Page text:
close
Contact
If you have any questions about the project please contact us below.

This site is protected by reCAPTCHA and the Google Privacy Policy and Terms of Service apply.

Your message has been sent!
Thank you for contacting us. We will get back to you as soon as possible.
send a new message
close
Contact
return
Words by Salvador Garcia Arnillas

Interview with Narelle Jubelin, artist-in-residence at the Museu Etnològic i de Cultures del Món (Barcelona)

Narelle Jubelin (b. Sydney, 1960) has been engaged in a residency at the Museu Etnològic i de Cultures del Món (Barcelona) since mid-September 2020. Her personal look at the museum’s Tiwi collections will allow her to create a work of art and possibly an exhibition, with which to establish a complementary narrative from the one established by the museum. In addition, her enquiry is enriched by the dialogue she is establishing with different Australian artists and experts, including Tiwi artists, so that the voice of the communities of origin is heard and that they have a stake in her narrative.

First Nation Aboriginal and Torres Strait Islander readers are advised that this conversation contains mention of deceased persons.

Artist in Residence, Narelle Jubelin, Collection Reserve Museu Etnològic I de Cultures del Món, September 2020. Photographer: Salvador García Arnillas.

Salvador García Arnillas (Curator of the Museu Etnològic I de Cultures del Món): First of all, I want to thank you for your commitment to our Museum by going ahead with this residency in the midst of a pandemic. How are you experiencing the situation in Barcelona?

Narelle Jubelin: To be frank, it took ages to decide whether to accept the invitation given that I would naturally recommend artists from communities represented in the collections to take up the opportunity for such close contact with the material holdings. The initial invitation came, then Covid struck, and as you know we were uncertain until the very last moment if travel between Madrid, where I am based, and Barcelona would be possible. Travel from Australia or for Indigenous artists that may have already been working outside of Australia, in Europe, would also not have been possible. We have subsequently been working against a kind of second wave clock not knowing if an artist in residency, that insinuates displacement, would be possible. So, on hitting the road running our emphasis has been in accessing as much of the Australian collection in the flesh as possible before things become even worse... And in fact, as we edit this interview, we have just one day left to be on site in the Museu Etnològic I de Cultures del Món before Catalunya returns to confinement, and we all regress to work long-distance from home.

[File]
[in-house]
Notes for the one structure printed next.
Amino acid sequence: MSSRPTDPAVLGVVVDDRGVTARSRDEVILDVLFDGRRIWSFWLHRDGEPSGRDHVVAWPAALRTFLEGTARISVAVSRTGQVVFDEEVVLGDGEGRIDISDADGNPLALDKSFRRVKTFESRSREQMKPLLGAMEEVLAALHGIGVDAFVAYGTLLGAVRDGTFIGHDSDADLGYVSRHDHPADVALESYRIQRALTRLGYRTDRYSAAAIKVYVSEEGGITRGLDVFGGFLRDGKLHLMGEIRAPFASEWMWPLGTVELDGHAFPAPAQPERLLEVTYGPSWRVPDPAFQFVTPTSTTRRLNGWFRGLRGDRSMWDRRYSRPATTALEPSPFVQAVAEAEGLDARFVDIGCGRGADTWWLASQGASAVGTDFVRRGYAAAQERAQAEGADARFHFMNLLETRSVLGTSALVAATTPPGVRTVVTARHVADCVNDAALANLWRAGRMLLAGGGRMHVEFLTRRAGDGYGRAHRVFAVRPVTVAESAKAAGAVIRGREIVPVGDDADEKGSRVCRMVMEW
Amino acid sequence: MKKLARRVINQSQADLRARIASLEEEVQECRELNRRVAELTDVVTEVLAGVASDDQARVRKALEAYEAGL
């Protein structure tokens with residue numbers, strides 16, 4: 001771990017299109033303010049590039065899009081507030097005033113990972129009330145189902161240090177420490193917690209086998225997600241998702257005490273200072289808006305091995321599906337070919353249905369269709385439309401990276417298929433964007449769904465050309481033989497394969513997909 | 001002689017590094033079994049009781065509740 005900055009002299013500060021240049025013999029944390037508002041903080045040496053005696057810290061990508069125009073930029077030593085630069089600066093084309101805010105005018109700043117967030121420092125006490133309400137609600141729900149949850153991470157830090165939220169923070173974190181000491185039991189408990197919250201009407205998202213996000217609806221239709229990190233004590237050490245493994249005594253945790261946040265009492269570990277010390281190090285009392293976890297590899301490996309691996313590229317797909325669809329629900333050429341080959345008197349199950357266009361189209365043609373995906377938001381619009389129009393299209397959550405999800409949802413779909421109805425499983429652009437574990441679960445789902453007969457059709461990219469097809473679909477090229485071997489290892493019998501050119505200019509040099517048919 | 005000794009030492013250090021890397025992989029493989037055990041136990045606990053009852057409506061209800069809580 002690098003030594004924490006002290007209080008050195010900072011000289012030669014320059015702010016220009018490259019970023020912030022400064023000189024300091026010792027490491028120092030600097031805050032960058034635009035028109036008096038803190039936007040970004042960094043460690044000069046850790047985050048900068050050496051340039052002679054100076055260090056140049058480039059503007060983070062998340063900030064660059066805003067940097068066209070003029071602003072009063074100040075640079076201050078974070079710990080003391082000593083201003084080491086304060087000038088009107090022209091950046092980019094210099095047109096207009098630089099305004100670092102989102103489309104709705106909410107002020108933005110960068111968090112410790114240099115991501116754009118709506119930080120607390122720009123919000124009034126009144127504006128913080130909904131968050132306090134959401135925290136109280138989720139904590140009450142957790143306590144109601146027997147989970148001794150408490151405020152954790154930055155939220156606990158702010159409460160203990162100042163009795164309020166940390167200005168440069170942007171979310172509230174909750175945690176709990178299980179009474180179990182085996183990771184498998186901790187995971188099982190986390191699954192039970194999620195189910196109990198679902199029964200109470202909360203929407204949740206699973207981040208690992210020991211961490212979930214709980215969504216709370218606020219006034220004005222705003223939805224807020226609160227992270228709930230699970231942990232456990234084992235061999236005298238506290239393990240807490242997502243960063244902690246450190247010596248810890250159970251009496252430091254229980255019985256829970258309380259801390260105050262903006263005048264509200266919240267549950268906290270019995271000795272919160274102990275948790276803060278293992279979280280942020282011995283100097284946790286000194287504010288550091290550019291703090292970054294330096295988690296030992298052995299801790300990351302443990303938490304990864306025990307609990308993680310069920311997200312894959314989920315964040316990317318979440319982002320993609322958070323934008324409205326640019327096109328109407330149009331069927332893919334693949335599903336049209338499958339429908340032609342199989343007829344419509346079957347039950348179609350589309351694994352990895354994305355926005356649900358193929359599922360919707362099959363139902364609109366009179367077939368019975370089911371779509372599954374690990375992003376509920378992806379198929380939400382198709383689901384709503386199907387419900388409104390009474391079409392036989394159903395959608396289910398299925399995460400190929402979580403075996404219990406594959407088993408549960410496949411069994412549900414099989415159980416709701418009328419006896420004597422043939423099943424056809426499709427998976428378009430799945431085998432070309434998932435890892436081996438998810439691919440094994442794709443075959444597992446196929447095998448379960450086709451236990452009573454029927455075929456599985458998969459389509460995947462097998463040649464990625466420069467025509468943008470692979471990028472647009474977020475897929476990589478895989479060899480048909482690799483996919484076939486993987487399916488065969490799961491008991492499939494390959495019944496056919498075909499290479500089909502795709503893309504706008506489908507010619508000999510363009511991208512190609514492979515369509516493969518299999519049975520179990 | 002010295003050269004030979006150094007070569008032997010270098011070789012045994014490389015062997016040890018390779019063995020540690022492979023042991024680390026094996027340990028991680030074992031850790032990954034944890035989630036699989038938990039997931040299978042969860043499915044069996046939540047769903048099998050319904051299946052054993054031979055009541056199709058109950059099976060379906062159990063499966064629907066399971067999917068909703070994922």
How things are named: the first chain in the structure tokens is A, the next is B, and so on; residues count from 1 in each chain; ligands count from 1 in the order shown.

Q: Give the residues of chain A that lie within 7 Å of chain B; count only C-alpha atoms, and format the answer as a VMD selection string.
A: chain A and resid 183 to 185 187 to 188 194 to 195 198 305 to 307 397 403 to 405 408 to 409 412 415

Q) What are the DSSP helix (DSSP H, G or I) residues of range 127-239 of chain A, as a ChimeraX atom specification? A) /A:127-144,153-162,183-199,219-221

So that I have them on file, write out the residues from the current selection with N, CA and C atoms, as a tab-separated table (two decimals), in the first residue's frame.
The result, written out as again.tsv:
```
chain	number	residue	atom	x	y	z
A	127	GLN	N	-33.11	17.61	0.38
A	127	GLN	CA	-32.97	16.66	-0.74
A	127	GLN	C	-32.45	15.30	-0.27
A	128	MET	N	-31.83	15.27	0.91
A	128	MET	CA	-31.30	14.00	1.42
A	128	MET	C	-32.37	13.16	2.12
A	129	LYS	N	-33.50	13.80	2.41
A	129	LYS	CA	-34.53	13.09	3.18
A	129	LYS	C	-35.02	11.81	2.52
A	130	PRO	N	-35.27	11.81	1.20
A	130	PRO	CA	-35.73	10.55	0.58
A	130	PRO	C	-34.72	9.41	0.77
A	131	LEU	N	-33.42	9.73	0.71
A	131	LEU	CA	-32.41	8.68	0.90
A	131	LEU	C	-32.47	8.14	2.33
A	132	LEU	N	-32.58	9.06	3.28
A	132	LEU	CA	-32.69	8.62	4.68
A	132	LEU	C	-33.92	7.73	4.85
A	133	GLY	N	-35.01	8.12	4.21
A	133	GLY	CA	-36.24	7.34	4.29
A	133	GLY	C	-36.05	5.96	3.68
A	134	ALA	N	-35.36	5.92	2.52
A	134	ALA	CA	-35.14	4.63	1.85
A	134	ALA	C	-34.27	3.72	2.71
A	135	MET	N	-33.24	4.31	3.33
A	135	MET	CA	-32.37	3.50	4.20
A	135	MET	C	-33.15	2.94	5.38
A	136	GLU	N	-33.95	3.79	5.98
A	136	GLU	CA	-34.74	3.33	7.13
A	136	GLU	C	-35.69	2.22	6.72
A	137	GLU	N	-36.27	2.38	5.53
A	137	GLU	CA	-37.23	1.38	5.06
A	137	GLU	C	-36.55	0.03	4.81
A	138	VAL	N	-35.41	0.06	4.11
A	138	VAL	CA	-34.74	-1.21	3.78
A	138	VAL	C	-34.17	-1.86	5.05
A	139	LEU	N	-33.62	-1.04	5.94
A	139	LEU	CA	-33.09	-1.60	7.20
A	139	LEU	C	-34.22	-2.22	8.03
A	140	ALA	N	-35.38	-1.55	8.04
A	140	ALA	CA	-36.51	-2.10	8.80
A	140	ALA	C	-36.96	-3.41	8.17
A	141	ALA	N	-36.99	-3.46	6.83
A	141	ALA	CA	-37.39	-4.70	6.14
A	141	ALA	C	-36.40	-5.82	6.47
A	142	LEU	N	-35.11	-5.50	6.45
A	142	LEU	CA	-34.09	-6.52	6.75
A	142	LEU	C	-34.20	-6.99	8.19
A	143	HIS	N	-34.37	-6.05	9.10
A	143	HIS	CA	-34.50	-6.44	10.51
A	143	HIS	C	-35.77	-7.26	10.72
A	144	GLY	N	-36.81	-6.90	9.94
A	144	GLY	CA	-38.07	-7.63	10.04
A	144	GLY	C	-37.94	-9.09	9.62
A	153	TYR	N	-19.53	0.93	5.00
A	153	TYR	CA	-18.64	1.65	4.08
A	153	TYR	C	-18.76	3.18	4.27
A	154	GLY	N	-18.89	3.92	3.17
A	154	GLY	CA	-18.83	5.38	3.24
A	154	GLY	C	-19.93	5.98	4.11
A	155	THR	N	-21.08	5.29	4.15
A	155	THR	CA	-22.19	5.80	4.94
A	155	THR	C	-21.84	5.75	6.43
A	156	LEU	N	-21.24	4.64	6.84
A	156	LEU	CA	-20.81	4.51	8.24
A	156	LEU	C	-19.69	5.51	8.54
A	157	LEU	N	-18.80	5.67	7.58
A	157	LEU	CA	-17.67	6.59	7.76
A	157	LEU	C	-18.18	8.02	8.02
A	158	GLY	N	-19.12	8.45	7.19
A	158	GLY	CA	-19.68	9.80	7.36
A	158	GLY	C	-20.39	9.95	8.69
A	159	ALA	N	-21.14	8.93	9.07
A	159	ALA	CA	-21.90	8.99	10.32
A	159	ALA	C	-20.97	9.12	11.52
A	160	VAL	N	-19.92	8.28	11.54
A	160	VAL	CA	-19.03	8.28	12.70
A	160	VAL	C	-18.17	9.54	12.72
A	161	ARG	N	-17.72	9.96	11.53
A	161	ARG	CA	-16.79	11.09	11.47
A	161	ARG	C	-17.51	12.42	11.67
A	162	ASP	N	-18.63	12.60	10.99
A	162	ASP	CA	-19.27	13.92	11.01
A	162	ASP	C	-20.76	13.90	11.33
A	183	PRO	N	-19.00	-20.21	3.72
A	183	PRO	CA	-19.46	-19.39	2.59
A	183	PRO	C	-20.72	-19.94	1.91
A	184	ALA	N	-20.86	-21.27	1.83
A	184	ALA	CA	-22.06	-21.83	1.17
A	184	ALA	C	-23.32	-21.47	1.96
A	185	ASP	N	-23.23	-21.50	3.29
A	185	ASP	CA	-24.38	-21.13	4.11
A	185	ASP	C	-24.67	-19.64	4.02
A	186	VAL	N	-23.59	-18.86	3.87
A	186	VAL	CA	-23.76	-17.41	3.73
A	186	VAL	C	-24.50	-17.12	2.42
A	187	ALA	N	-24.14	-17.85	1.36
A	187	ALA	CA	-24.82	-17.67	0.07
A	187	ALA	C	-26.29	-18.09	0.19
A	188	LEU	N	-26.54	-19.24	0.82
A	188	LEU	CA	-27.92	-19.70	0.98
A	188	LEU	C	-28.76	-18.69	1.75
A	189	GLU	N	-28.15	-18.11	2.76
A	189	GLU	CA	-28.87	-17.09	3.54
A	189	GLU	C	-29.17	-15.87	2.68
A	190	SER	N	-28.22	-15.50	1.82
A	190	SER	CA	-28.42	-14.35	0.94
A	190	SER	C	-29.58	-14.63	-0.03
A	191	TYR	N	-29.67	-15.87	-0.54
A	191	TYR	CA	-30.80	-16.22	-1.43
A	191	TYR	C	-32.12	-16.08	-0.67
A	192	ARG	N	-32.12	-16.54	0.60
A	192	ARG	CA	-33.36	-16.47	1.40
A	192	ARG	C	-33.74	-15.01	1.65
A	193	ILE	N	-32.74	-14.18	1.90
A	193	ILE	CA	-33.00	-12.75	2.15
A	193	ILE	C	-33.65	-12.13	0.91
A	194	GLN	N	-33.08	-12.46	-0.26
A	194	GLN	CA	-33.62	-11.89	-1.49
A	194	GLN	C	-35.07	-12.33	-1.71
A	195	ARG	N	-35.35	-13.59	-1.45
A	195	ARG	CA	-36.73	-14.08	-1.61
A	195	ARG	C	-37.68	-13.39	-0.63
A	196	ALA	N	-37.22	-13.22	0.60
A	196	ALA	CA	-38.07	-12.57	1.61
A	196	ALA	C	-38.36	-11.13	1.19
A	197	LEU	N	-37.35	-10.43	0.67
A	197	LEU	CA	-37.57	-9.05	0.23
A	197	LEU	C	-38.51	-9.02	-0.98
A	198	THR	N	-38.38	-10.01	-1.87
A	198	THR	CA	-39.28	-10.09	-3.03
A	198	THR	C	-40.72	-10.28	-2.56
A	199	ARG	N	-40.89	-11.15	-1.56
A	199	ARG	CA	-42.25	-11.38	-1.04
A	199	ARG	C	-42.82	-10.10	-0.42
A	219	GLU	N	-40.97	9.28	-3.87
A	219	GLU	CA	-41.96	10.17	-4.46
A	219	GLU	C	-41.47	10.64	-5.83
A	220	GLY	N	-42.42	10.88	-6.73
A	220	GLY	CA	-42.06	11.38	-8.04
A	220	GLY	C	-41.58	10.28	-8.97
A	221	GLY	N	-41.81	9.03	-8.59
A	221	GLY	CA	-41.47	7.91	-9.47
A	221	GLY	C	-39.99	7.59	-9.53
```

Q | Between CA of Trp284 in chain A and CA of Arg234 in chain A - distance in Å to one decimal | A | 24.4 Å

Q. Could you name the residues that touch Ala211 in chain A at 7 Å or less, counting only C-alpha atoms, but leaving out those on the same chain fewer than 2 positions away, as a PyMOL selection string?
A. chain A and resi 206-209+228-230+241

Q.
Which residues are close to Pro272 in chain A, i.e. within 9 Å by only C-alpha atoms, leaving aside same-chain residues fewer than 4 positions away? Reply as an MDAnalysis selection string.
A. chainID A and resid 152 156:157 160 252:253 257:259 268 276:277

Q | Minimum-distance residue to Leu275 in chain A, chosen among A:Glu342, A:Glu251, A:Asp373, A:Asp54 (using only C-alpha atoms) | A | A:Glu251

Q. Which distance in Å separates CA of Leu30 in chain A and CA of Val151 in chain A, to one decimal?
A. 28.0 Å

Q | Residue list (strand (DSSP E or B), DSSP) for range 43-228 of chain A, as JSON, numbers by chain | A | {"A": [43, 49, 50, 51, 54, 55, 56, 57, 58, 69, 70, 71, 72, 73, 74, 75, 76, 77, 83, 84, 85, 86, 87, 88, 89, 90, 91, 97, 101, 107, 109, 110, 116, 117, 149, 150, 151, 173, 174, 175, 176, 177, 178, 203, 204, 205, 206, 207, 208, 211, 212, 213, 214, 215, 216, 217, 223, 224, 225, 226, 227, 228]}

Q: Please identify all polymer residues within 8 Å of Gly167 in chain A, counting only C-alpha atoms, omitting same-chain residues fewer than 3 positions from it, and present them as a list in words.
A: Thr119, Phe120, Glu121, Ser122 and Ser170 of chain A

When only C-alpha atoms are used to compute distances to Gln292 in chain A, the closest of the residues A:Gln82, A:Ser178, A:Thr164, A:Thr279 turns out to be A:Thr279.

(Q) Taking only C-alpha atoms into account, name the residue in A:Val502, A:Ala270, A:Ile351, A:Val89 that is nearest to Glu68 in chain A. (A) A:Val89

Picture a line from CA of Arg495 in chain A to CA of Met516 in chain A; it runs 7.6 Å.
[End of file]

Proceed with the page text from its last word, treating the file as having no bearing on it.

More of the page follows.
SGA: Throughout your career you have carried out some residencies / collaborations in museums, art galleries and universities. As a contemporary artist, is there any difference in working in an ethnological and world culture museum?

NJ: It is very different working in a museum that has a collection. This is only the second time I’ve been invited to do so… the first was at the National Gallery of Victoria in the early 1990s and was more to build onto or expand a work of mine already in their collection by incorporating objects from their permanent collection. As you intimate in your question Salvador, an ethnographic museum is another beast. Museums are always contested spaces and when there is a history of mounting collections in order to represent ‘world’ cultures we know by experience that that is grounded in Eurocentric assumptions. Both by definition and necessity, such museums are more contested than most.

Throughout the residency the Curators and I have been reaching out to Tiwi Island traditional custodians—one of the source communities—and hopefully they are able to think of me as a research assistant. We seek conversations with the Tiwi Island Art Centres that have grass roots connections with senior people so that the project can be established on an artist to artist basis. We are preparing an inventory of the little-known collection of Tiwi Islands cultural materials, that includes photographs and some video. There are bark paintings in particular purchased in the late 1960s early 70s that the community may be very interested to see.

I envision that, from the Tiwi perspective, it might be a bit like reencountering a living archive. One of our artist interlocutors, Diana Wood Conroy, like many feminists of her/our generation who went into the Tiwi community to work, said that senior artist leader Bede Tungutalum, who founded Tiwi Designs Art Centre in 1968, calls bark “skin”. These are small but important revelations: we will be led by them.

The renowned senior artist Pedro Wonaeamirri from Jilamara Arts, established in 1989 [i], has also agreed to guide us, making bridges where appropriate with other people there on their island grounds.

Tiwi bark painting (MEB CF 4006). Photographer: Jordi Puig. Rights: Muse Etnològic i de Cultures del Món-Col·lecció Folch. Ajuntament de Barcelona.
Back of the bark painting (MEB CF 4006). Photographer: Jordi Puig. Rights: Muse Etnològic i de Cultures del Món-Col·lecció Folch. Ajuntament de Barcelona.

SGA: As a non-Aboriginal Australian artist, what is your method of engaging with the Aboriginal culture of the Tiwi?